LaRoche was praised for putting his family first. LaRoche received support from other White Sox players who recently considered boycotting a spring training game in support of their teammate. Meanwhile White Sox management was vilified.
In an editorial in the USA Today, columnist Bob Nightengale explains why the White Sox management was right in making its very reasonable demand on LaRoche:
...[T]he White Sox also have every right to impose rules in their workplace and in this case limit visitations by the children of employees.
“Tell me where in America you can bring your child to work every day,” White Sox Executive Vice President Kenny Williams told USA TODAY Sports. “And how can you manage it? How can you manage the next guy. And the next guy. That’s not fair.”
So Williams sat down and told LaRoche he could bring son Drake to the clubhouse and the field every now and then but it wouldn’t be like it was last year with the White Sox. He no longer could be around every day.
“I just told him that he needed to dial it back, that’s all,” Williams said. “Look, I don’t want this to turn into something that makes Drake feel badly. He is such a good kid and so loved around here. But the kid is there every day. In the clubhouse. And on the field. During drills. Everywhere.
“Simply, you have to make a decision from the management perspective or an organization at large. We went into this season saying to ourselves, ‘We are going to commit and focus and not leave any stone unturned.’”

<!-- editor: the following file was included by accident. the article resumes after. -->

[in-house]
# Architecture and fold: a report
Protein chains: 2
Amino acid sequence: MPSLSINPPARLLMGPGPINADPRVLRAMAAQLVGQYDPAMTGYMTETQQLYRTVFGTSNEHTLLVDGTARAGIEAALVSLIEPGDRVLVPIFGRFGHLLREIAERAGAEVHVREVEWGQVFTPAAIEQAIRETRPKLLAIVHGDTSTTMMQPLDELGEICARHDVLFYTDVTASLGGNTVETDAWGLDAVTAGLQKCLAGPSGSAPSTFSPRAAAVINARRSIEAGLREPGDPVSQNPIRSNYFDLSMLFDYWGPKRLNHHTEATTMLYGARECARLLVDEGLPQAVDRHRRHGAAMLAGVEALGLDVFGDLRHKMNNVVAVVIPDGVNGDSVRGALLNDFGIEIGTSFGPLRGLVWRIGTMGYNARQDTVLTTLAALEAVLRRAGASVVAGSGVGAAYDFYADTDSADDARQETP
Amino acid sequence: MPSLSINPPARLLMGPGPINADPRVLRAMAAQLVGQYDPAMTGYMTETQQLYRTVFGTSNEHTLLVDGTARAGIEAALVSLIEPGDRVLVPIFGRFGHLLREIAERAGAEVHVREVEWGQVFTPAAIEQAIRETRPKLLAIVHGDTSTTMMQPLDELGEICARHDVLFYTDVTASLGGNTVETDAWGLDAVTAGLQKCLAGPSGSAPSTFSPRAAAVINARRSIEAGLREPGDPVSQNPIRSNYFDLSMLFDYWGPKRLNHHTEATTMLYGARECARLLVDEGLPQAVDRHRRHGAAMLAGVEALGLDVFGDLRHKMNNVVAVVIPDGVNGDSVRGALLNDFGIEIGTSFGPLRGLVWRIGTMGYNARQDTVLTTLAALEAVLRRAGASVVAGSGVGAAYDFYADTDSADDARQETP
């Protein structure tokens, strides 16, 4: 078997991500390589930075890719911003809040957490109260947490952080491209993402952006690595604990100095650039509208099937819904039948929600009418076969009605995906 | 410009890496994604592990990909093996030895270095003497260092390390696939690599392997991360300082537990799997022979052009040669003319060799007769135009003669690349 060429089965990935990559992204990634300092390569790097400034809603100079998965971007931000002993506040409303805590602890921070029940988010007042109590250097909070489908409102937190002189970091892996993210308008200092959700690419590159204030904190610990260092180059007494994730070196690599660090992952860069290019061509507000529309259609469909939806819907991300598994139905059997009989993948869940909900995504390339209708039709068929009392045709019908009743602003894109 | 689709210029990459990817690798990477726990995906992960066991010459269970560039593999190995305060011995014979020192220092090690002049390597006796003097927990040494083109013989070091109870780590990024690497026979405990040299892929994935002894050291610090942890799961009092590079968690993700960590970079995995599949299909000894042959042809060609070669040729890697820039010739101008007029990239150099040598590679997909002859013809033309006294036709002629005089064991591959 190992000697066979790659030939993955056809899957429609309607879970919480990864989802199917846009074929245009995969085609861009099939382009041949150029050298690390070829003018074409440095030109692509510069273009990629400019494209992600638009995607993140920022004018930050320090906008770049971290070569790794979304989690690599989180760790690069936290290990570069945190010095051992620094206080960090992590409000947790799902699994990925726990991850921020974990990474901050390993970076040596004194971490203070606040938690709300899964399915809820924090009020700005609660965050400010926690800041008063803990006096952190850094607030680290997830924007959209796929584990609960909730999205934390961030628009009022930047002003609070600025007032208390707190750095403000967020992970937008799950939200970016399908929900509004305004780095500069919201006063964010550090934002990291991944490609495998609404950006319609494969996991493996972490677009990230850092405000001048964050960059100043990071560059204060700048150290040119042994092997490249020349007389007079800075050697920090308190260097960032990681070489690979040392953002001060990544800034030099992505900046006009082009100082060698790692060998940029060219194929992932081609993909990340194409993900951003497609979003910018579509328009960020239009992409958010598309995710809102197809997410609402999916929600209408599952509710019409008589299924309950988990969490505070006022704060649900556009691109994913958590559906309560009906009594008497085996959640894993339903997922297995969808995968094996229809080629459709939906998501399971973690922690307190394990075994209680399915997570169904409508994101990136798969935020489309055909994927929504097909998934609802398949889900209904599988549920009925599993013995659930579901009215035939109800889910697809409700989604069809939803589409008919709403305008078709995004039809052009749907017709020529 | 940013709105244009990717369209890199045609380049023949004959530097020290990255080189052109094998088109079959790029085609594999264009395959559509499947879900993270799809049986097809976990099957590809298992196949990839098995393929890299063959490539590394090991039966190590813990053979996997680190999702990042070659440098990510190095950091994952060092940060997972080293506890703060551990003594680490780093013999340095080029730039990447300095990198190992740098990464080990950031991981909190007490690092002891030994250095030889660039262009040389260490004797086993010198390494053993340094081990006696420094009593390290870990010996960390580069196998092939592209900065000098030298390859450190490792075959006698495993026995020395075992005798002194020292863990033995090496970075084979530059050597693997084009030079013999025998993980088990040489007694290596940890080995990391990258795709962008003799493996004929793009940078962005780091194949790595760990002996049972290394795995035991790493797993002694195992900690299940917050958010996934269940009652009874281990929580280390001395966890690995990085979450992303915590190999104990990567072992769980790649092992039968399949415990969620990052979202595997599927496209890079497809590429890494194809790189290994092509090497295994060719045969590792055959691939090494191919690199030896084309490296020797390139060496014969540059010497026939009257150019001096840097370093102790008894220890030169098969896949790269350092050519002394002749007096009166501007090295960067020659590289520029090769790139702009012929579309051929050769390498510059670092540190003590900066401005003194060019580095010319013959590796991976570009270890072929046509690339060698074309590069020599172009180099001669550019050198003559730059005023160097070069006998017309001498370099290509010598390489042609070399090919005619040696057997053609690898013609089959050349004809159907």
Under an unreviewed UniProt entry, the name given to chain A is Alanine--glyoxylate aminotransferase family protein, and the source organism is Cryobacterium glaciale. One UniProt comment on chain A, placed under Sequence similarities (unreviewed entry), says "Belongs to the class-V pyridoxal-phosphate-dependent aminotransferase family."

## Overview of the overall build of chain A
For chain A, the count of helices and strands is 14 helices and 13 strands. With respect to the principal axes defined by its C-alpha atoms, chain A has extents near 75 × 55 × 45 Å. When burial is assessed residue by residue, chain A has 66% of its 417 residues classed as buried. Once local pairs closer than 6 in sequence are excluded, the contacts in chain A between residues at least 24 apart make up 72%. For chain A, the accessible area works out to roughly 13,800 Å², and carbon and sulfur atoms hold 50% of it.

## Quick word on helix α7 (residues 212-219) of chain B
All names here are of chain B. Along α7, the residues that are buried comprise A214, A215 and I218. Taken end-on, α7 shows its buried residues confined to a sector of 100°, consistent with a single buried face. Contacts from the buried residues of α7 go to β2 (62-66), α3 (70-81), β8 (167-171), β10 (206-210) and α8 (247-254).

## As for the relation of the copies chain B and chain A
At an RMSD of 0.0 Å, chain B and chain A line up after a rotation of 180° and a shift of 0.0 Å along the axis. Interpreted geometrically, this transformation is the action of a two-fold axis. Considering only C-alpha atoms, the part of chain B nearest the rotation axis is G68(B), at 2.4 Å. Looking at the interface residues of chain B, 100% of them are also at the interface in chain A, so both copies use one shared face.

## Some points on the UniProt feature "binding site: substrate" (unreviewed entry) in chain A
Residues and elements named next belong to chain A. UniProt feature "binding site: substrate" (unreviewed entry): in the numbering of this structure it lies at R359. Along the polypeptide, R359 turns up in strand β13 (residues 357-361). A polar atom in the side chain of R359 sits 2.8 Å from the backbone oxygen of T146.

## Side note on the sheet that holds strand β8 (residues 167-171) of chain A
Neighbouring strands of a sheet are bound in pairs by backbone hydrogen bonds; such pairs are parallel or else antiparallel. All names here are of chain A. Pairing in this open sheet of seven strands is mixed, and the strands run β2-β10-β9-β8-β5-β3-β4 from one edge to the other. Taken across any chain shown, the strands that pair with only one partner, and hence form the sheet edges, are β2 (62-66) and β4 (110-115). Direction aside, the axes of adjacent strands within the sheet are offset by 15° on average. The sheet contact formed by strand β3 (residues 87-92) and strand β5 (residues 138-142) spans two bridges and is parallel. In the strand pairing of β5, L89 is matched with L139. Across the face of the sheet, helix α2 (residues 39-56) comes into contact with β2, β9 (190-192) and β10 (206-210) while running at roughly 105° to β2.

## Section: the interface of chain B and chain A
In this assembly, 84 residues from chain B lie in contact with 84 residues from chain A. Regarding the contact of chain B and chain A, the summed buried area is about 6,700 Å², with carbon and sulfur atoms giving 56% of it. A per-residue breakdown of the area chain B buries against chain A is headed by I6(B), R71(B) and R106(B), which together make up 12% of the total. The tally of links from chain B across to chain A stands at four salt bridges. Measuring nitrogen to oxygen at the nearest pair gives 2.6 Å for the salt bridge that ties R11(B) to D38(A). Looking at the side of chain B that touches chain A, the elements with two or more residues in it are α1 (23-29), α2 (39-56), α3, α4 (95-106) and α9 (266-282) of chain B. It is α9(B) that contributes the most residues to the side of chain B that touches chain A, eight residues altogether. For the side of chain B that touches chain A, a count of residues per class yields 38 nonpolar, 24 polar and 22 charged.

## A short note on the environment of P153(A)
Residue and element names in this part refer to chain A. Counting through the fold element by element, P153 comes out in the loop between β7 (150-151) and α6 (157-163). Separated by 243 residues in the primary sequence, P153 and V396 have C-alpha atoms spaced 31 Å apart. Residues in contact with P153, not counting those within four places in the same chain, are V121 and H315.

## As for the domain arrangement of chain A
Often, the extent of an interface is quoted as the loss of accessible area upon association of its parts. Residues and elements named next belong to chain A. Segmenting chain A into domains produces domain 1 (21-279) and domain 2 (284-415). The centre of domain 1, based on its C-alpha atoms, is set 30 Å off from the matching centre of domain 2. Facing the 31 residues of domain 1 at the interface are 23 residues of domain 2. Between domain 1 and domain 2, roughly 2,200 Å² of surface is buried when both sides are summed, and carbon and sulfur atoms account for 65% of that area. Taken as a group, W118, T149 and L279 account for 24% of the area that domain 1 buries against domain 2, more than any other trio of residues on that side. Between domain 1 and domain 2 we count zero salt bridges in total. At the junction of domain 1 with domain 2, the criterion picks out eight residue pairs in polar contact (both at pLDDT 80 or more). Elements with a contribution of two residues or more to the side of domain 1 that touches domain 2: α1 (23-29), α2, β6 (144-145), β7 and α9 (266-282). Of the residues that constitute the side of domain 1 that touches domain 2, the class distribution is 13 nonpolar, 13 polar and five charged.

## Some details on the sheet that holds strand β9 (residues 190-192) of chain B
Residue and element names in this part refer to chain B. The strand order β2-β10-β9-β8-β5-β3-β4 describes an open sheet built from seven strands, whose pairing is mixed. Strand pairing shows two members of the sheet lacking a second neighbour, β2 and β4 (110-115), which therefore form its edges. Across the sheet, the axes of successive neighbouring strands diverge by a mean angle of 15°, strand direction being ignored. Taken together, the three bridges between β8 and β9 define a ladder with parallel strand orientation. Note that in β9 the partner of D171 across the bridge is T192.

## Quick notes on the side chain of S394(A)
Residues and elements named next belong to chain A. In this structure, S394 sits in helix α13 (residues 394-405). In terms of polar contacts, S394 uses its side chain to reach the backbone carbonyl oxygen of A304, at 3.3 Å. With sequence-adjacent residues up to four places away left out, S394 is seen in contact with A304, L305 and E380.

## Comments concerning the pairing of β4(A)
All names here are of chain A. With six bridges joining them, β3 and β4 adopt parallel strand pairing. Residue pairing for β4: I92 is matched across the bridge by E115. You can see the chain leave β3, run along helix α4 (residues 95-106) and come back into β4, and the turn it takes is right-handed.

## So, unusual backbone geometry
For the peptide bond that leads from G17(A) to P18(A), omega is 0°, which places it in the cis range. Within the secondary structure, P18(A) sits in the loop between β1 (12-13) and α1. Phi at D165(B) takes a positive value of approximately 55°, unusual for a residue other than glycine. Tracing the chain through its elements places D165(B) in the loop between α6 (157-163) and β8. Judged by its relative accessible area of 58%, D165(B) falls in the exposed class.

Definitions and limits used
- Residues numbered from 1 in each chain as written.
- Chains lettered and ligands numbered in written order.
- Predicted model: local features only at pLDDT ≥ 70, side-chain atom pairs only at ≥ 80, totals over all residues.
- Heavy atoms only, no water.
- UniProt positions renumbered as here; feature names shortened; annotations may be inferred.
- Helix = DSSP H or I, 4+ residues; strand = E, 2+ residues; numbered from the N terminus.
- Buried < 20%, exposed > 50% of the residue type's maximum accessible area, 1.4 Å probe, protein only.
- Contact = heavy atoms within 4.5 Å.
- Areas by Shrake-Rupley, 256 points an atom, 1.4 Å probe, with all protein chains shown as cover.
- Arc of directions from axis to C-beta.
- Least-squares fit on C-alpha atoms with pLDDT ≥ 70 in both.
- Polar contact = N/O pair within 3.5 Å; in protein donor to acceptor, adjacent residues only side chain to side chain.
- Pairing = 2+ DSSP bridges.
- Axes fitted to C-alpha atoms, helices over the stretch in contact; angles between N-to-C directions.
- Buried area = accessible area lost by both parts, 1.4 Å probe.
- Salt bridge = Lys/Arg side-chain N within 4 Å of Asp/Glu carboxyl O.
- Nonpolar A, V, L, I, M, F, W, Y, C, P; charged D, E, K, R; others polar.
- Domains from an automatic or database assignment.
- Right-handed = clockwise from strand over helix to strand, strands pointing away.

Williams told LaRoche his son was more than welcome to hang in the clubhouse, where he has a locker, and run onto the field, where he has a uniform, just not every day.
This has nothing to do with Drake’s conduct. He’s well-mannered and respectful. LaRoche’s teammates - past and present - love to tease him. They called him their “26th Man.”
Yet with a child in the clubhouse, not every White Sox player was comfortable. You have to watch your language, which can be awfully difficult in the baseball environment. You need to refrain from talking about private escapades, or family trouble, you would never want a child to hear.Indeed. Major League locker rooms are adult places. While the White Sox and other organizations are more than gracious in allowing players to bring their children to work, they are perfectly reasonable when they ask players to limit those visits so it is not an every day affair.
LaRoche's commitment to his son is commendable. But if he is going to play major league baseball, his employer, the White Sox, has every right to ask that he limit the time his son spends with the team.